All things progressing well in the global economy this could have easily been the meeting where we saw the continuation of Fed tightening. However, as the global cyclical downturn has taken hold, whilst protectionism has hit the prospects of the Eurozone and China, we have seen US data also beginning to slip. This resulted in a “patient” FOMC in January and the committee to hold rates today. Although the Fed was never expected to move on rates, the real news has been in the significantly dovish moves of the FOMC elsewhere, on potential futures rate moves, economic forecasts and its balance sheet reduction.
In standing pat on interest rates, the slight changes to the FOMC statement are to downgrade growth, point to slower household spending and suggest that inflation remains low.
Here are the changes (image from ZeroHedge).
FOMC dot plots
In the December dots, the FOMC was guiding for two hikes in 2019 (which in itself was down from a balance of three in September), with a further one hike in 2020. There were just two dots that were calling for no move at all this year. The longer run rate suggested 2.75% to 3.00%.
Below are the December dots:
And now the March dots:
Note how the March dots (below) showed massive capitulation of the herd on hikes in 2019, whilst they are claiming that perhaps one more may be seen in 2020. This is an incredible move lower on the dots and is a big surprise for a market that was largely looking for a likely average of one hike in 2019.
FOMC economic projections
Given that other central banks (ECB and Bank of England) have been busy slashing growth and inflation forecasts, it should come as little surprise that the Fed has cut back on its growth forecasts, and shaded lower on inflation.
Fed Balance sheet reduction
The balance sheet is currently around $4 trillion and consensus expecting the reduction to finish around $3.5tr to $3.6tr with the pace of reduction around $50bn per month. This would leave the reduction finished by the year end – something that the January FOMC minutes began to lay out. However, the March meeting has announced that the Fed balance sheet reduction program will end in September, sooner than expected. The Fed has also announced a slightly slower rate of balance sheet reduction on Treasurys from a cap of $30bn per month down to $15bn per month after May. This means that the balance sheet reduction will end up being in the range $3.6bn to $3.7bn and therefore larger than previously anticipated.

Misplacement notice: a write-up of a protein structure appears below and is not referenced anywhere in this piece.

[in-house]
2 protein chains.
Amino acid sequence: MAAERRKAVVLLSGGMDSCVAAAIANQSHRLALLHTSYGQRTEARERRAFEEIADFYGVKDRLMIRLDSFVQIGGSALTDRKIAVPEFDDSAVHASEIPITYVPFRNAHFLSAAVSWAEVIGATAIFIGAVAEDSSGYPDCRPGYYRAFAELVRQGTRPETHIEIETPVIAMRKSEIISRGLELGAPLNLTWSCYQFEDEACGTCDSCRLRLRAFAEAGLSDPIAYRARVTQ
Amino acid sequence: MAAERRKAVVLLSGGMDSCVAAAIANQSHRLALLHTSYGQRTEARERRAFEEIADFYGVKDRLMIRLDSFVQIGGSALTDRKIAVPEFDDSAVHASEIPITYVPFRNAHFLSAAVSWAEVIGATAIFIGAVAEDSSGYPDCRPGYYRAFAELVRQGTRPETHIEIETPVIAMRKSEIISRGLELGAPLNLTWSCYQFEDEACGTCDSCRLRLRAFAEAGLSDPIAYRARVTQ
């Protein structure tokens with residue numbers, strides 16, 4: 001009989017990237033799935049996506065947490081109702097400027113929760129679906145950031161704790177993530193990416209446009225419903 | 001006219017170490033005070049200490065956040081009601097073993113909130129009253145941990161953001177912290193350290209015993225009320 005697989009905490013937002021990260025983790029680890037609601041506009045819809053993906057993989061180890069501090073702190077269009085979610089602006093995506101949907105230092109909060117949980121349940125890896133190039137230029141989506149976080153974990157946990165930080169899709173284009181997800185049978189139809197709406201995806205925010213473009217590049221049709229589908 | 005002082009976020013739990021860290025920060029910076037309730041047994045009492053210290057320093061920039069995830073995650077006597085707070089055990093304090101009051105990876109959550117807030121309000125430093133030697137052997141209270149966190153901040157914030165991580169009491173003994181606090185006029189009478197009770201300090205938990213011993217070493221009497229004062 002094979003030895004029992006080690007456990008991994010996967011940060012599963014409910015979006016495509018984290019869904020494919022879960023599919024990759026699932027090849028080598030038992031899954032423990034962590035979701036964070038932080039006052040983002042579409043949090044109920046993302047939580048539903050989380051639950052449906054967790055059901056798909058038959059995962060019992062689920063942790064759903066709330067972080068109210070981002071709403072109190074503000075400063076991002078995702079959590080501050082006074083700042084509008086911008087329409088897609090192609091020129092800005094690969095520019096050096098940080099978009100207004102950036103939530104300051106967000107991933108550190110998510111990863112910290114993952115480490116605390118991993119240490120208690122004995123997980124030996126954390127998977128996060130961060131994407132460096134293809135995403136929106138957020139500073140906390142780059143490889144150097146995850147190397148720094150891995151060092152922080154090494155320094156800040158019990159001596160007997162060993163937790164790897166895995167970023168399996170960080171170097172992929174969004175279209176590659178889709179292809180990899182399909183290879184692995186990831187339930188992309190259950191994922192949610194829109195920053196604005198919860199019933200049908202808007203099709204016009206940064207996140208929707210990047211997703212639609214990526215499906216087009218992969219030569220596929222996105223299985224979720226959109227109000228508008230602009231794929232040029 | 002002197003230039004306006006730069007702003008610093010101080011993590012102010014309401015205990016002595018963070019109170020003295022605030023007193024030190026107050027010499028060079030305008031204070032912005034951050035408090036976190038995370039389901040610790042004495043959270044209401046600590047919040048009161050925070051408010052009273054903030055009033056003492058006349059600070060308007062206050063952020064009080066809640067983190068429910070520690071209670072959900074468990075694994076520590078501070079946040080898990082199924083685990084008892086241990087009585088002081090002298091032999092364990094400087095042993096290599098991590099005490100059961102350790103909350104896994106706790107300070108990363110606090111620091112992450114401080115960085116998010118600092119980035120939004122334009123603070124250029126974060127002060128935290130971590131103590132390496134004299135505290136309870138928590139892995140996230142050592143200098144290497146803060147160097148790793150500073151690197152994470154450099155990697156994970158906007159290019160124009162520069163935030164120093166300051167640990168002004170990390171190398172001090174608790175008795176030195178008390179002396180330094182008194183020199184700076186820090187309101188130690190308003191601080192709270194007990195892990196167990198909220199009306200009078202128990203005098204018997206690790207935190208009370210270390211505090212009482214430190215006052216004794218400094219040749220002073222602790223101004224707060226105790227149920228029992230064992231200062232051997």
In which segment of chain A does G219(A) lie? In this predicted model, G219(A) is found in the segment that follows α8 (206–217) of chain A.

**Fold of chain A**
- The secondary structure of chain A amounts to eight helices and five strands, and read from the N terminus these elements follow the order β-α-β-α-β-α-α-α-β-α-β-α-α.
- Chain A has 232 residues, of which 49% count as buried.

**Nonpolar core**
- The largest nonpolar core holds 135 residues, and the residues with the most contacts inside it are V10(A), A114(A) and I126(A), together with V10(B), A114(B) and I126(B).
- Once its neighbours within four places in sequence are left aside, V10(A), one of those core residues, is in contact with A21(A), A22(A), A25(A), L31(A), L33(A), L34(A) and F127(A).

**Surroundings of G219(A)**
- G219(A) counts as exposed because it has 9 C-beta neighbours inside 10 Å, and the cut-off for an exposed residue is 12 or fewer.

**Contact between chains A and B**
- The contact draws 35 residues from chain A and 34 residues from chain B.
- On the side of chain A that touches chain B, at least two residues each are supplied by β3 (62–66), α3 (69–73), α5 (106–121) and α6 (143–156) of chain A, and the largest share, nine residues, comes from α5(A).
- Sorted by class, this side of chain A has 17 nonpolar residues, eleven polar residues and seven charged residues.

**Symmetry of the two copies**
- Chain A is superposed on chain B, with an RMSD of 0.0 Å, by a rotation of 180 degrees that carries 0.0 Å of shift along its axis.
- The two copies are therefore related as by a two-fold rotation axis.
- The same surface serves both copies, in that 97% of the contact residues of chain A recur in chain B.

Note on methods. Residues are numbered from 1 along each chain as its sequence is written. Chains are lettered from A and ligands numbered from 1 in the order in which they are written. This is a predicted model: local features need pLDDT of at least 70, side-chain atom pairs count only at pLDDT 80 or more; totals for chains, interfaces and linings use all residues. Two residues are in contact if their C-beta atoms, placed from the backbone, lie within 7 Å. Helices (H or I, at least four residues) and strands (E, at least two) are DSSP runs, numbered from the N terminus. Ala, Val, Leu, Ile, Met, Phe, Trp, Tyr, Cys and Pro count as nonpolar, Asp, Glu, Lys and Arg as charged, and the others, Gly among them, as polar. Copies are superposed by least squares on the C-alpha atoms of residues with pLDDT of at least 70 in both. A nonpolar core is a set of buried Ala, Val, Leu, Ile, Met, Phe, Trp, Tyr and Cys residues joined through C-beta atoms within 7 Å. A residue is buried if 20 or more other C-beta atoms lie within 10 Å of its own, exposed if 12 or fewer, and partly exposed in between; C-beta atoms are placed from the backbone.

This has been an all over dovish range of decisions and this is seemingly a big capitulation from the committee (and way beyond where the market had been pricing). Treasury yields have fallen sharply and the dollar is under selling pressure. This is also positive for Wall Street in the initial reaction. Whilst this is likely to be a move lower on yields that persists, it will be interesting if this reaction higher on equities lasts. It is also interesting to see that according to CME Group FedWatch the probability of a rate CUT in 2019 has increased from 25% earlier today to now around 38%.
There have been some strong reactions across markets with several key levels broken. If the moves on EUR/USD and Gold can hold into the close these will be big outlook changers.
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